FIG. 4 shows tumor response using slightly different conditions: 2 mg Photofrin/kg, 23 hours, 20 mg DMXAA/kg, 1 hour, 135 J/cm2 630-nm laser light. The symbols in the graph are the same as for FIG. 3. All five mice in the combined treatment group had weak immediate responses, i.e., only a two-day regrowth delay. However, 3 of 5 tumors had a delayed response, where tumor volumes decreased over two days time from ˜160 mm3 to zero volume; 1 of 3 tumors undergoing this late response regrew after a 4 day delay. This delayed response has been observed using other treatment conditions where the initial response was considered weak (data not shown). Delayed responses are not obtained following strong immediate tumor responses to combination therapy, nor have delayed responses been seen in any control group.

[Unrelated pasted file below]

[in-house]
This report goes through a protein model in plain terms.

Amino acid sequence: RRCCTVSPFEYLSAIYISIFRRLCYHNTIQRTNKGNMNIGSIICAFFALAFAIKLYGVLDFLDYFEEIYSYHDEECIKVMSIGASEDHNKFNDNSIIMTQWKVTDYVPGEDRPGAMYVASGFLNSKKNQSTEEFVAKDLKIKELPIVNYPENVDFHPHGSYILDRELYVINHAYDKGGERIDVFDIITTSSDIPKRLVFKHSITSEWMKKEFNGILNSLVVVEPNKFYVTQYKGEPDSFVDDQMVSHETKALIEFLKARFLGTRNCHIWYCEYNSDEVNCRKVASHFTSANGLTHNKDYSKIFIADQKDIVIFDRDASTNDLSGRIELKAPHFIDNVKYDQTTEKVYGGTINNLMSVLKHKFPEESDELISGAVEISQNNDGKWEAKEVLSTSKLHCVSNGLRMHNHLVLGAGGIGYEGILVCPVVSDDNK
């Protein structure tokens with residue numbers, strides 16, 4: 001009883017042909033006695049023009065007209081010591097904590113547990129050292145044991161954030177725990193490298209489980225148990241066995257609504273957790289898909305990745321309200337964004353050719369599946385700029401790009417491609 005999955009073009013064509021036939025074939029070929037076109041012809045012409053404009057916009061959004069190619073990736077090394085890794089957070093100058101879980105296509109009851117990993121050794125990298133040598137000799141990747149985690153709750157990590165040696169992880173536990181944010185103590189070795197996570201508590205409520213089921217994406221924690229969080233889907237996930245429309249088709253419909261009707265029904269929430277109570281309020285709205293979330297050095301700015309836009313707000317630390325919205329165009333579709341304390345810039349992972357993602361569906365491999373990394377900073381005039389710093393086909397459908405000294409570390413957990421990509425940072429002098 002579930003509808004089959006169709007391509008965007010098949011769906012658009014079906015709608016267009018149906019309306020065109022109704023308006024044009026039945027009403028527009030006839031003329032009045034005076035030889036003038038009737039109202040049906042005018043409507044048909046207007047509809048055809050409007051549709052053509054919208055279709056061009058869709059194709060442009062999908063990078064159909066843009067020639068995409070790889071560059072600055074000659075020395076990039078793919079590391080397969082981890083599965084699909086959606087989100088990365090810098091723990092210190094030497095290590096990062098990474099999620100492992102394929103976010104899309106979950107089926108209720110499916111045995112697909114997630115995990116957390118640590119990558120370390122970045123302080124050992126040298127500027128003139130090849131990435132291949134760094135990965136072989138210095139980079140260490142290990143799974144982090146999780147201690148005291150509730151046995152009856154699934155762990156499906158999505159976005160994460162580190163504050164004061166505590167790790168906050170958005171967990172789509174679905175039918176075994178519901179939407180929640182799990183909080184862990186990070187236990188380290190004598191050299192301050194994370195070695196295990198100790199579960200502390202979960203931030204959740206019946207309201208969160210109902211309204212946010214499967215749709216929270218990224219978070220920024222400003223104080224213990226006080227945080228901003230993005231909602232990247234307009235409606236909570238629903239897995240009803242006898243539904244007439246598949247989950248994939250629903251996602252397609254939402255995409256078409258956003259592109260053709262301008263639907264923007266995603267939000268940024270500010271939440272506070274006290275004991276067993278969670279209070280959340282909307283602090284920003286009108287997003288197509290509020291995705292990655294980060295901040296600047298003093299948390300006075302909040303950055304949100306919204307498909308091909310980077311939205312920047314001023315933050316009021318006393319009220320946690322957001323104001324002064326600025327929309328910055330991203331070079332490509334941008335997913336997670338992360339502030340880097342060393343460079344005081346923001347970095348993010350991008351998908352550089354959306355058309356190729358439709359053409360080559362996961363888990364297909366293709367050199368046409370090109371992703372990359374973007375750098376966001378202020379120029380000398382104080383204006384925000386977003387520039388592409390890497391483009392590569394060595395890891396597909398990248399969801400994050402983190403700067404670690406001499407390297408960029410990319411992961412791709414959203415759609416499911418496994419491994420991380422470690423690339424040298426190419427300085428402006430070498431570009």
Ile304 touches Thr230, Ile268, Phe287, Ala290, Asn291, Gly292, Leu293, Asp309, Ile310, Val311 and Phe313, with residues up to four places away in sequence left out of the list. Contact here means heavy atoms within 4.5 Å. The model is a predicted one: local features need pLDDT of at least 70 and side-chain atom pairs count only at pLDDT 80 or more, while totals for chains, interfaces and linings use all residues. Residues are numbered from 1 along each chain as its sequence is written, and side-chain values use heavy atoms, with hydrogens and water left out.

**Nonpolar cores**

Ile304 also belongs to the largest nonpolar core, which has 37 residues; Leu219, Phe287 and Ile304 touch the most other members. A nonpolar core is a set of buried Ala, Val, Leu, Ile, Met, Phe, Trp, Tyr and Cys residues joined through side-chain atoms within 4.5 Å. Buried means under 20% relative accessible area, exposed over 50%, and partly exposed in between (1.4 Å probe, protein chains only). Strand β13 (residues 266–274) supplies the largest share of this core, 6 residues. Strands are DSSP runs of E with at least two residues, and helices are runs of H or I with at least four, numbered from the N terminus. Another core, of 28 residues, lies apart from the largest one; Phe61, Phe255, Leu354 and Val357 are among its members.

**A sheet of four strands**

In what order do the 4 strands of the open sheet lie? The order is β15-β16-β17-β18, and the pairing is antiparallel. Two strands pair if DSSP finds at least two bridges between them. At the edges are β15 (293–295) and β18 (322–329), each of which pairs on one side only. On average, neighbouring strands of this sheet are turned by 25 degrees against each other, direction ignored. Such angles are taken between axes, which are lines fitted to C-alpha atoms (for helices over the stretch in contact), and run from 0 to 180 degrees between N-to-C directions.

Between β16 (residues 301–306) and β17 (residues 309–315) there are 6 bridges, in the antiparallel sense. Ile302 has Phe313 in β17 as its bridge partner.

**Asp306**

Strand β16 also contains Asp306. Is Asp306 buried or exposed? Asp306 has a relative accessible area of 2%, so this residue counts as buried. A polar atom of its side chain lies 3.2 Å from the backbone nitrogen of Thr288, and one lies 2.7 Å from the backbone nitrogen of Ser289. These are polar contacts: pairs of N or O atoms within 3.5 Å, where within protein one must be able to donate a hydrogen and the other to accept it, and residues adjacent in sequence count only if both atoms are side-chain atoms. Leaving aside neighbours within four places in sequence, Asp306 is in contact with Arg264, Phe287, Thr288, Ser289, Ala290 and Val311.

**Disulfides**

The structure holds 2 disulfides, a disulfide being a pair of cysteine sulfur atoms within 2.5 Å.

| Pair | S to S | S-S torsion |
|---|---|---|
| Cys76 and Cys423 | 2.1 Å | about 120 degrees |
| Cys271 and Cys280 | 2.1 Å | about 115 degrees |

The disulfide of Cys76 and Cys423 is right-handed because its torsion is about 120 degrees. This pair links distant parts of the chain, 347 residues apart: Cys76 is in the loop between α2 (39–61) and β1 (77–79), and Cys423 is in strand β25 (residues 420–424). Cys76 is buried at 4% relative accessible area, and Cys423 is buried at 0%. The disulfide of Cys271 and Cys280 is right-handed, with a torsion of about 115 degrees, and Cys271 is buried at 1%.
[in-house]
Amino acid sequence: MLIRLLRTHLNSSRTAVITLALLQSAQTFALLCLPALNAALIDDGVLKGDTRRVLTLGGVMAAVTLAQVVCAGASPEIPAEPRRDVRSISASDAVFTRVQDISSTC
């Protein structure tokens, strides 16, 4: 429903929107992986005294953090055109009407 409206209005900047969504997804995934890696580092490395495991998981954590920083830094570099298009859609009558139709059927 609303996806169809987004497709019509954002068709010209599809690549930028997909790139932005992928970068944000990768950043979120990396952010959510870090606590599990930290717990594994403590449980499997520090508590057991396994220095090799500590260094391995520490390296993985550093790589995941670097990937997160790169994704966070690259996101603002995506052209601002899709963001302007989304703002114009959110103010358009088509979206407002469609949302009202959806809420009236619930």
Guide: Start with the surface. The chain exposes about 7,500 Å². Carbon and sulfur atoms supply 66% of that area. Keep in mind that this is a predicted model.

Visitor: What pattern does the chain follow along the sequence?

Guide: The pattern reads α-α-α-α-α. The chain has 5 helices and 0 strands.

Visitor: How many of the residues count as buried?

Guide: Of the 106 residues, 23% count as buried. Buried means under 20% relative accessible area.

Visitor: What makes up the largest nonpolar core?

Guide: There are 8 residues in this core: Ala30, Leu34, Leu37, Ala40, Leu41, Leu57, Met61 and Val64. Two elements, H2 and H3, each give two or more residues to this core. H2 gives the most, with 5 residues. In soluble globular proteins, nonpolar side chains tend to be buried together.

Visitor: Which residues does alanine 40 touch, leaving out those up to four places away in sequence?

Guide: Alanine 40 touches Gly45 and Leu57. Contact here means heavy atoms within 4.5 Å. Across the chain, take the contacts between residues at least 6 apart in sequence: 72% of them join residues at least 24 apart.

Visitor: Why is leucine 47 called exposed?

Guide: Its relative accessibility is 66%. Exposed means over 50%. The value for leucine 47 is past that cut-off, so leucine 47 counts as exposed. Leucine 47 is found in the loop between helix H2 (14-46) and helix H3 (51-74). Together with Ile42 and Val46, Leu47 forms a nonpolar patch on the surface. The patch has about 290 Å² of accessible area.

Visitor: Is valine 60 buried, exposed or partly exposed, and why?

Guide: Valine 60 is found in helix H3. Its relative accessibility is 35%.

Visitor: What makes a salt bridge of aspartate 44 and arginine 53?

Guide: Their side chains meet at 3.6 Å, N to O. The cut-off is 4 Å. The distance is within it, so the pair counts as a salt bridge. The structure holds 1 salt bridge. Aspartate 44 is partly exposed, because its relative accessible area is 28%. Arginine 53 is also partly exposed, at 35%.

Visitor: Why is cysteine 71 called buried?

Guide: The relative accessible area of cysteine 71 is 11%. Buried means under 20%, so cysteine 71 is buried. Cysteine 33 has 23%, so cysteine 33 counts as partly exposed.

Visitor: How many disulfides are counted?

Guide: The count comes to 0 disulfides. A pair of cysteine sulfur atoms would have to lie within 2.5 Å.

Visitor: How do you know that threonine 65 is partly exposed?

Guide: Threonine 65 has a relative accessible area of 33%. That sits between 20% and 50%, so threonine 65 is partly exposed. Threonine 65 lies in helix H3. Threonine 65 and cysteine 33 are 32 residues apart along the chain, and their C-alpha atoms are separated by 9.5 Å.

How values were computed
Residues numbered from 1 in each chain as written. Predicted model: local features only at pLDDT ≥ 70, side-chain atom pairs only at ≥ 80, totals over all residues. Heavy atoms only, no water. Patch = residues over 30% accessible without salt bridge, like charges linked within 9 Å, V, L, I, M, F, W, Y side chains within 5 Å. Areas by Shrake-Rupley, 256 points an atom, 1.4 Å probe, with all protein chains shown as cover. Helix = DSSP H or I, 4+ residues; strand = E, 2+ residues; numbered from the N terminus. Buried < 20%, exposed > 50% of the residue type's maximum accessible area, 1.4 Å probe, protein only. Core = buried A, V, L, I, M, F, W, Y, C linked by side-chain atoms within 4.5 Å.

One month after treatment the two mice with controlled tumors (shown at the bottom of FIG. 4) were reinjected with a standard tumoring dose of 3×105 RIF- 1 cells (on the shoulder opposite that of the original treated tumor). As seen in FIG. 5, after a small amount of growth, one tumor regressed to zero volume and has remained so for >1 month; the second tumor had some initial growth and remained static for several weeks before regrowing. This response is indicative of an acquired immune response against this tumor line, and as such this therapy can be used to control both primary tumors and occult micrometastatic malignancies.